- Tutorials: This tab shows you a selection of tutorials that come with GameMaker: Studio. These are designed as an introduction to using GameMaker: Studio and it is recommended that new users look them over before starting any new projects of their own. As with the Demos, these are pulled from an RSS feed, so you will need an active internet connection to access them. You can also refresh the feed (to check for new files) by clicking the button at the bottom left of the window.
- News: This will display the most recent news from YoYo Games. This news includes information about GameMaker: Studio development, new versions, competitions and anything else that has been posted on the YoYo Games website.
- Licenses: This tab will display the GameMaker: Studio license, as well as all the various third party licenses of products that are used.
Beneath the tabs, there is a section with hints, tips and offers
related to GameMaker: Studio, which you can scroll through
using the arrow icons on either side, and beneath that you will see
listed any projects that you have previously opened so that you can
quickly get back to work where you left off previously.
To begin creating your first game project, you can click on
either the New Project tab, where you can select to either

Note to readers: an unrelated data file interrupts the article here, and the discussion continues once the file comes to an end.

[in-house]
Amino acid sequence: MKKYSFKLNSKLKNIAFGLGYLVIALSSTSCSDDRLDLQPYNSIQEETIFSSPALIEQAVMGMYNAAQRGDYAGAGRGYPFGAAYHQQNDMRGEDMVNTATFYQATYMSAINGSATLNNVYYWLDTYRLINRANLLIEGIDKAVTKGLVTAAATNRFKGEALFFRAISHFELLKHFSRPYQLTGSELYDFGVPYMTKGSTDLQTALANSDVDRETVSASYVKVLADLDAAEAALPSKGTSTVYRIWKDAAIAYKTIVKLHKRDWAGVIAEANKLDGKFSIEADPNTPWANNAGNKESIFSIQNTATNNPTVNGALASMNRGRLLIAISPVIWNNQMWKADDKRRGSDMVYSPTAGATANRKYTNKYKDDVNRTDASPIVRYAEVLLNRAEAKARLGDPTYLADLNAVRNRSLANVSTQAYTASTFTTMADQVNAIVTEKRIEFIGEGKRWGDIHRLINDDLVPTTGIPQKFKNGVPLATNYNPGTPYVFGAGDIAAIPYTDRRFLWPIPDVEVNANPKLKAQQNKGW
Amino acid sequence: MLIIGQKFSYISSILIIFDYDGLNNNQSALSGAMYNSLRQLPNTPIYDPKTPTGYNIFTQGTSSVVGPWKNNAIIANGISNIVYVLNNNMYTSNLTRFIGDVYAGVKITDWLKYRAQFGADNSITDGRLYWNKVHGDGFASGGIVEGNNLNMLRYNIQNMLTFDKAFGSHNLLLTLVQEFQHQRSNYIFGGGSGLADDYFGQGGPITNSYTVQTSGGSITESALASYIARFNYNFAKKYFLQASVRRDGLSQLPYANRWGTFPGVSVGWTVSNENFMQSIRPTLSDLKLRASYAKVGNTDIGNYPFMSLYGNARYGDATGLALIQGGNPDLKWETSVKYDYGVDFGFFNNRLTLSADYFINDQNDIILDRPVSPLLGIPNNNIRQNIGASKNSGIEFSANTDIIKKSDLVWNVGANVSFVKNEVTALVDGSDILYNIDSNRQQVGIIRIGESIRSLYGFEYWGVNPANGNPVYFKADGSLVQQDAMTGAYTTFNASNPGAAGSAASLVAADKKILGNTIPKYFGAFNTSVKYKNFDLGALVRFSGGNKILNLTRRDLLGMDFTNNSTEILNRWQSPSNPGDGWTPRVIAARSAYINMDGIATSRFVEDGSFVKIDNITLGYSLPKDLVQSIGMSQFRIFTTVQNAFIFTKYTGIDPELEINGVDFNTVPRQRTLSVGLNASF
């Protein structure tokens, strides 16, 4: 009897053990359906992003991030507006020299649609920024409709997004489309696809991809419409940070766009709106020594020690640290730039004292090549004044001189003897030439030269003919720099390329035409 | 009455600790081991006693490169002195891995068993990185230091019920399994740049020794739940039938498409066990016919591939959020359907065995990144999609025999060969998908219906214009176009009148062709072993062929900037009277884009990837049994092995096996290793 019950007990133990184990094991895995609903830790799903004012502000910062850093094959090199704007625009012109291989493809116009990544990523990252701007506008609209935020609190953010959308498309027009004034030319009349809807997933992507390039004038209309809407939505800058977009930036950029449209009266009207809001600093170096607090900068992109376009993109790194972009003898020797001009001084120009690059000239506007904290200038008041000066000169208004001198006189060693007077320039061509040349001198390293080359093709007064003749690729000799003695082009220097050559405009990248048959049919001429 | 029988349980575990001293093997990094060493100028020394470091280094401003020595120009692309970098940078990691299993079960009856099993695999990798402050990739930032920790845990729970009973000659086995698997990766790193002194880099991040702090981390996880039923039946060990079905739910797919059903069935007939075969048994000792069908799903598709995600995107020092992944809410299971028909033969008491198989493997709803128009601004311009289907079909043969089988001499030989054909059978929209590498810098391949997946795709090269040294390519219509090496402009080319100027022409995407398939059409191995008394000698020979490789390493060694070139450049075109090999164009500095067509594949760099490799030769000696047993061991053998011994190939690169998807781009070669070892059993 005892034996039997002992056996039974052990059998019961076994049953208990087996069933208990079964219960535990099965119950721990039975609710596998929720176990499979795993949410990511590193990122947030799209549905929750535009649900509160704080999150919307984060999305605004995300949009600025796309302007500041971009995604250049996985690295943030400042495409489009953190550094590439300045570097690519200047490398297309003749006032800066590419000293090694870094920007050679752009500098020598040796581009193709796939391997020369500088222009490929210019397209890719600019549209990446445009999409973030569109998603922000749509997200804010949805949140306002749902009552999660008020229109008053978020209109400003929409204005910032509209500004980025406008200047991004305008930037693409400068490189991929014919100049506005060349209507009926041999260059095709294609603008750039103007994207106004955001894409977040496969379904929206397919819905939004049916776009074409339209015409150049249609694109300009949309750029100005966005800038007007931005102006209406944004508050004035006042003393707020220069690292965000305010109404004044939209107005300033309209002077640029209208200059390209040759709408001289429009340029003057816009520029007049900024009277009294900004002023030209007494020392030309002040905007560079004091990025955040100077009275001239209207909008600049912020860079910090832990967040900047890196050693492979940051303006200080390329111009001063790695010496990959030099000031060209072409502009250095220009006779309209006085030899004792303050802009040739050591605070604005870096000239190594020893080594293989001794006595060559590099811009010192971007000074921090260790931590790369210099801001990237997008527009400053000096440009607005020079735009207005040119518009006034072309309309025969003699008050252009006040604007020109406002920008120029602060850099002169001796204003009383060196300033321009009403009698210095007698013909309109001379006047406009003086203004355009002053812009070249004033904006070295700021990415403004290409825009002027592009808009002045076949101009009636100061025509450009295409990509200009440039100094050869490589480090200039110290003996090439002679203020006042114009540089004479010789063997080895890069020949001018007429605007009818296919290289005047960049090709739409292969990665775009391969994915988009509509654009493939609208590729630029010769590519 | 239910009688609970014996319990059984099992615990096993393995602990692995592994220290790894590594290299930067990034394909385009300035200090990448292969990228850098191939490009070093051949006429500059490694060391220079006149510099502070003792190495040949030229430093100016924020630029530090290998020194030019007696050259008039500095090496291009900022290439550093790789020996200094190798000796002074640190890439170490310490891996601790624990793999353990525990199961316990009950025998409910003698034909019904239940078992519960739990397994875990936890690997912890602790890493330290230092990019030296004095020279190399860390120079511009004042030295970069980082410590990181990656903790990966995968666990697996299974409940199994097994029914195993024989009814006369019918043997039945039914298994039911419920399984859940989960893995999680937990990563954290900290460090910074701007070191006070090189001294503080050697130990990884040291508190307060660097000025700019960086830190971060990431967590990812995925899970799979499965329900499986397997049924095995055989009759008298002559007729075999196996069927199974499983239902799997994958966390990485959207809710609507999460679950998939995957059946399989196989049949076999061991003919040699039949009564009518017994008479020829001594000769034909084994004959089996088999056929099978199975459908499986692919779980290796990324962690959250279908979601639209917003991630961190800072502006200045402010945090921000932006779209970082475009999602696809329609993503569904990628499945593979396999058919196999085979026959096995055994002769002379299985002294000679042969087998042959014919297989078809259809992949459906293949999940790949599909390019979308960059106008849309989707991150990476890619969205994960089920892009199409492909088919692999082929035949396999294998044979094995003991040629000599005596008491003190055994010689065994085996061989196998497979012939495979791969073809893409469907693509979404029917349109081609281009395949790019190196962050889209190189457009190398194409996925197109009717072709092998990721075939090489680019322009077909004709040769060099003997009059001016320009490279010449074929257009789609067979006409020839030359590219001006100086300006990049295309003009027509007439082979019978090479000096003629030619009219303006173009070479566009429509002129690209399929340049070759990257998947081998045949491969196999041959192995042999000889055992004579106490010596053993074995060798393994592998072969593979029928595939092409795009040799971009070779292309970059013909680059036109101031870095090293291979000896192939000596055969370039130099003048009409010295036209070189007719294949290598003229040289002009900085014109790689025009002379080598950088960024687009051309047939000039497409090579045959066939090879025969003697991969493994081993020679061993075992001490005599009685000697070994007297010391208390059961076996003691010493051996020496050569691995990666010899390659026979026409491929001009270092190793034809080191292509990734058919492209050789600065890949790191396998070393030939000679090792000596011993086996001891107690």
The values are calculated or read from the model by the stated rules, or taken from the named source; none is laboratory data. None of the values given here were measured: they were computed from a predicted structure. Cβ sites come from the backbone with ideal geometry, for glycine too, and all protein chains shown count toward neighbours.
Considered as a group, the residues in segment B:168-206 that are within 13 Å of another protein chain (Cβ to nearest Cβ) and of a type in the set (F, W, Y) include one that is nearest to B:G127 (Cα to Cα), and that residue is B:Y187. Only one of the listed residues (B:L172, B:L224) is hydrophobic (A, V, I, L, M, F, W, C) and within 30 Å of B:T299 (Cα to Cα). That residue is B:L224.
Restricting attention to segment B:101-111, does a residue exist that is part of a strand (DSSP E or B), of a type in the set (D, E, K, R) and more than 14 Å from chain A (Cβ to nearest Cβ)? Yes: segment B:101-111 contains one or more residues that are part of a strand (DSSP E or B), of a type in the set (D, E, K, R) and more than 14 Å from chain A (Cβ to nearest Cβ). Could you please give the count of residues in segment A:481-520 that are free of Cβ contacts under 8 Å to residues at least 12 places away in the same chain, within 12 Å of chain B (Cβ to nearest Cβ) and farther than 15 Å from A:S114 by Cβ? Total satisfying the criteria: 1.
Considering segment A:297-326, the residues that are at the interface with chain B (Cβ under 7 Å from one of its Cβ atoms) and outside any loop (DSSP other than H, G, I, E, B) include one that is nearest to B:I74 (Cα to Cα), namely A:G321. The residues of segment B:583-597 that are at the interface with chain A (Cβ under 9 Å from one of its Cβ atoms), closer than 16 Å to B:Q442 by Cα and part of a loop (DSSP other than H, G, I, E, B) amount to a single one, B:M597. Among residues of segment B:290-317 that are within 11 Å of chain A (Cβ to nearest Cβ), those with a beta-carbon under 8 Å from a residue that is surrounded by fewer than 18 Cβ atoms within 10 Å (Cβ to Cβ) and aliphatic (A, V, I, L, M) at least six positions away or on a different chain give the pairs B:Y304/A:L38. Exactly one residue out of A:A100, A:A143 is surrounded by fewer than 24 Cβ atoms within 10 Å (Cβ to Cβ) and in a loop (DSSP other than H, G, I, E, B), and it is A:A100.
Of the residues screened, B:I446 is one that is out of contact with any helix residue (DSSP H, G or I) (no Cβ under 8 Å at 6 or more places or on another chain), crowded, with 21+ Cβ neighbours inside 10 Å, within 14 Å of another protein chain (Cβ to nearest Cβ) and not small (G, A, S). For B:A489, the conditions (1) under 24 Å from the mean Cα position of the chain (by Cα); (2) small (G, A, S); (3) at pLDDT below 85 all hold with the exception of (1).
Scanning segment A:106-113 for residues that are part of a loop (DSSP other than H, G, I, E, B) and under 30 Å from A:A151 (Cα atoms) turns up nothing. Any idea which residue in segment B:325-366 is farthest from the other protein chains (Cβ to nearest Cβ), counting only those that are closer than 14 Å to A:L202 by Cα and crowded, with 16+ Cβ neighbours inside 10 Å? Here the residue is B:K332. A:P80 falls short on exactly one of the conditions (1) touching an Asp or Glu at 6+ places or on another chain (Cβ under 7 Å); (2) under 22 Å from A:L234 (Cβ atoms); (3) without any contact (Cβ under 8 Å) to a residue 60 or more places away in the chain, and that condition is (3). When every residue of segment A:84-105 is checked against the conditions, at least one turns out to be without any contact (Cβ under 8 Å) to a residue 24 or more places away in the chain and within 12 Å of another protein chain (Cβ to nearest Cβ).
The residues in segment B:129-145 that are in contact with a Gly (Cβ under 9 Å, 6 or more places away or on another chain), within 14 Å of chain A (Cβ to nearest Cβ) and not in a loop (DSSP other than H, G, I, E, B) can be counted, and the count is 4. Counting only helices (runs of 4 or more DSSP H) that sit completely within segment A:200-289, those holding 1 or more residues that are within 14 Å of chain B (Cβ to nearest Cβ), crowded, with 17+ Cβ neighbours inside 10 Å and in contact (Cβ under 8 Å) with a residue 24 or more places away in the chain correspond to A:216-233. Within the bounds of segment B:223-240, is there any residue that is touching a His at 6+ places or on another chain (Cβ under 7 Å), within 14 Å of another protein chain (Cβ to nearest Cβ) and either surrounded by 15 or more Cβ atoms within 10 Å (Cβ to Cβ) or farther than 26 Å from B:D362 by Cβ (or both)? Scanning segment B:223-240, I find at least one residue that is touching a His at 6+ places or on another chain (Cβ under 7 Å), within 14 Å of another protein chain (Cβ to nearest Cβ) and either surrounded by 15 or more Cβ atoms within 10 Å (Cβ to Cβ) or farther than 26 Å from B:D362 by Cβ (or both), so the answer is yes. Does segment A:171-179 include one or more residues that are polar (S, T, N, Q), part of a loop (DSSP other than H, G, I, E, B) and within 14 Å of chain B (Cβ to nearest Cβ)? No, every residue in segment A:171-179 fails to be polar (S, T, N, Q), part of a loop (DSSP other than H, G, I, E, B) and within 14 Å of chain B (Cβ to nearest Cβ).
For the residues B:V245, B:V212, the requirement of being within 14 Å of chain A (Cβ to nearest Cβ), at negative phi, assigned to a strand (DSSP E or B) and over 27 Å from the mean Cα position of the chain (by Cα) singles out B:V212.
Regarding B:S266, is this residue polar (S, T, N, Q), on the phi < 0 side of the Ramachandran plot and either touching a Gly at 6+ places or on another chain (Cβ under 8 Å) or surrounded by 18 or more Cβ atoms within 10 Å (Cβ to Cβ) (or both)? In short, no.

load a previous project, or start a new one. When starting a new
one, you can provide the directory to save the project files to
(which will be saved using the *.GMX format), as well as assign a
name to your new project. Clicking Create will then create
and save the initial project files.
Once you've loaded or created your project in GameMaker:
Studio the main GUI is shown and looks something like this:
This is the main interface for GameMaker: Studio and it's
here that you control every aspect of your current project. On the
left, you can see the different resources mentioned in other
sections of the manual: Sprites, Sounds, Backgrounds, Paths,
Scripts, Fonts, Time Lines, Objects, Global Game Settings and
finally, Extensions. At the top of the window there is the menu and
a handy toolbar to access some of the most used commands when
creating a game. We will briefly discuss the various menu items,
buttons, etc... below, but they will be covered far more in-depth
in the later sections of the manual. One thing you should realise
at this point is that many of the same things can be achieved in
various different ways when working with GameMaker: Studio,
either by choosing a command from the menu, by clicking a toolbar
button, or by right clicking on a resource. This redundancy is
there so that you can get working with GameMaker: Studio in
the easiest and most natural way, using whatever system you feel
most comfortable with.
Steam users have three additional buttons on the toolbar: